Appleton's Cyclopedia of American Biography, edited by James
Grant Wilson, John Fiske and Stanley L. Klos. Six volumes, New York: D. Appleton
and Company, 1887-1889 and 1999. Virtualology.com warns that these 19th Century
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HACKLEY, Charles William, educator, born in Herkimer county, New York, 9 March, 1809; died in New York city, 10 January, 1861. He was graduated at the United States military academy in 1829, and was assistant professor there till 1832. He then studied law, and subsequently theology, and was ordained as a clergyman of the Protestant Episcopal church in 1835. He was professor of mathematics in the University of New York till 1838, and afterward president of Jefferson college, Mississippi, and rector of St. Peter's church in Auburn, New York In 1843 he was appointed professor of mathematics and astronomy in Columbia college, and in 1857 was transferred to that of astronomy alone, which he held till his death. He exerted himself particularly to establish an astronomical observatory in New York city. Professor Hackley contributed to daily and weekly journals and to scientific periodicals, and published a "Treatise on Algebra" (New York, 1846); "Elementary Course in Geometry" (1847); and "Elements of Trigonometry" (1850).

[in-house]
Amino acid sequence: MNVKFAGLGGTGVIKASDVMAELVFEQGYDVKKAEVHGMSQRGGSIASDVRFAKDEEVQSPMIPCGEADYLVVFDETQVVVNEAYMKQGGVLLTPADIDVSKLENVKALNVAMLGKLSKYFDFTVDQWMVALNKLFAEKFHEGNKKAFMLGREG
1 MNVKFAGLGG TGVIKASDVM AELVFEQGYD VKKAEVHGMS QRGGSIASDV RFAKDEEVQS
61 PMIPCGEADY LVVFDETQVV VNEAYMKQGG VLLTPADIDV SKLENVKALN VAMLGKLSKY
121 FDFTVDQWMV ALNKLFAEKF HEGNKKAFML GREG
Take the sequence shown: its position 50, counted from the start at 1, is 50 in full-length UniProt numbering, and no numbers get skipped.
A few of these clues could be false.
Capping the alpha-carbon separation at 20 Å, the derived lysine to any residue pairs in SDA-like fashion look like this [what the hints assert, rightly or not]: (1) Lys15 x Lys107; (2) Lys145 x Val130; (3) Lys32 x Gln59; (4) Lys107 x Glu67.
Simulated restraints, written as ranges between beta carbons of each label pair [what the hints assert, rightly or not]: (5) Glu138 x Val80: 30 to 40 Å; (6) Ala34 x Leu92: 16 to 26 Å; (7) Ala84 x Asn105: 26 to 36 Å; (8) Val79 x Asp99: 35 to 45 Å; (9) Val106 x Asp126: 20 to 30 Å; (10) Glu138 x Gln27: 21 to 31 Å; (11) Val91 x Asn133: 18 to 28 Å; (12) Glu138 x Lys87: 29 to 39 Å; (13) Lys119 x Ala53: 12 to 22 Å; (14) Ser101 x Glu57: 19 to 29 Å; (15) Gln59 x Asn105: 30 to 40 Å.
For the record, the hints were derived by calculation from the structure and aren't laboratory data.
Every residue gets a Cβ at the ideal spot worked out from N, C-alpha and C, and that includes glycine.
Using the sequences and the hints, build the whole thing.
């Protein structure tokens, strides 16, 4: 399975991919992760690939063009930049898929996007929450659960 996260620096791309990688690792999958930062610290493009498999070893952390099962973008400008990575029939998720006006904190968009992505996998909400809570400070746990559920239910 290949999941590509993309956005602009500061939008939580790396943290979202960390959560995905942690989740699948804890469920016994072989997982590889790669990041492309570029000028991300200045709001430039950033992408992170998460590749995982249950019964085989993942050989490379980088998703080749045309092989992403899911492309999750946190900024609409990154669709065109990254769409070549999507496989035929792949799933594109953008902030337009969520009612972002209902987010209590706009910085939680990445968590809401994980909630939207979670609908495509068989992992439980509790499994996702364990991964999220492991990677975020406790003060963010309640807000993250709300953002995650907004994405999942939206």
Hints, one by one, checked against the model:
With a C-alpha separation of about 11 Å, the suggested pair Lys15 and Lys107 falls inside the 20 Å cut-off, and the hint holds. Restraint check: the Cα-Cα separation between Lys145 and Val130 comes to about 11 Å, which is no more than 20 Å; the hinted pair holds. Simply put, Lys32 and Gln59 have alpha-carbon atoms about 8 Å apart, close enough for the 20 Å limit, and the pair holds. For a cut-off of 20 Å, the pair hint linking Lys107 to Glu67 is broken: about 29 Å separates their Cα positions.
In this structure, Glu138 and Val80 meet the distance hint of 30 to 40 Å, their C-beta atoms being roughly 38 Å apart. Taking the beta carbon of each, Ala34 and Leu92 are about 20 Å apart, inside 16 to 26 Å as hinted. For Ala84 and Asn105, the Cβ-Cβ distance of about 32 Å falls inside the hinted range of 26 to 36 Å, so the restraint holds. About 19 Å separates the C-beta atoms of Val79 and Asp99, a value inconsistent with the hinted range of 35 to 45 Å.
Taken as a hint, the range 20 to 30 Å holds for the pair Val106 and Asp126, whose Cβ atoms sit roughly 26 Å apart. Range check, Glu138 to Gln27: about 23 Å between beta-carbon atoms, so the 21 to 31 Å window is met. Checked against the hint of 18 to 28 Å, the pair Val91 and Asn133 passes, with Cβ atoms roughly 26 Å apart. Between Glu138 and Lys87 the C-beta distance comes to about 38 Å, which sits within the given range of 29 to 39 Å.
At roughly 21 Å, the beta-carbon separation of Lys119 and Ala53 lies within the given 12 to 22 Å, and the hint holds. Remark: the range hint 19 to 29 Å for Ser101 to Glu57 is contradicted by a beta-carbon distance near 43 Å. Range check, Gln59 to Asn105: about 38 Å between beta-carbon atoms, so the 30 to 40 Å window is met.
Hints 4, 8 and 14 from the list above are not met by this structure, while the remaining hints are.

--BEGIN-Pleasant Adam Hackleman
HACKLEMAN, Pleasant Adam, soldier, born in Franklin county, Indiana, 15 November, 1814; died near Corinth, Mississippi, 4 October, 1862. His father, Major John Hackleman, fought in the war of 1812. After engaging for a number of years in farming, the son studied law, and was admitted to the bar in May, 1837. He began practice in Rushville, rose rapidly to distinction in his profession, and in August, 1837, was elected judge of the probate court of Rush county, which office he held till 1841, when he was elected to the state house of representatives. After serving for several years as clerk of Rush county, he was, in 1847 and 1858, a candidate for congress, but was defeated. In 1860 he was a member of the Republican national convention at Chicago, and in 1861 of the peace conference at Washington. He entered the national service in May, 1861, as colonel of the 16th Indiana regiment, and, after the first battle of Bull Run, served under General Banks in Virginia. He was made a brigadier-general, 28 April, 1862, and in June was ordered to report to General Grant in the southwest. He took an active part in the battle of Iuka and in that of Corinth, where he was killed on the second day of the fight.
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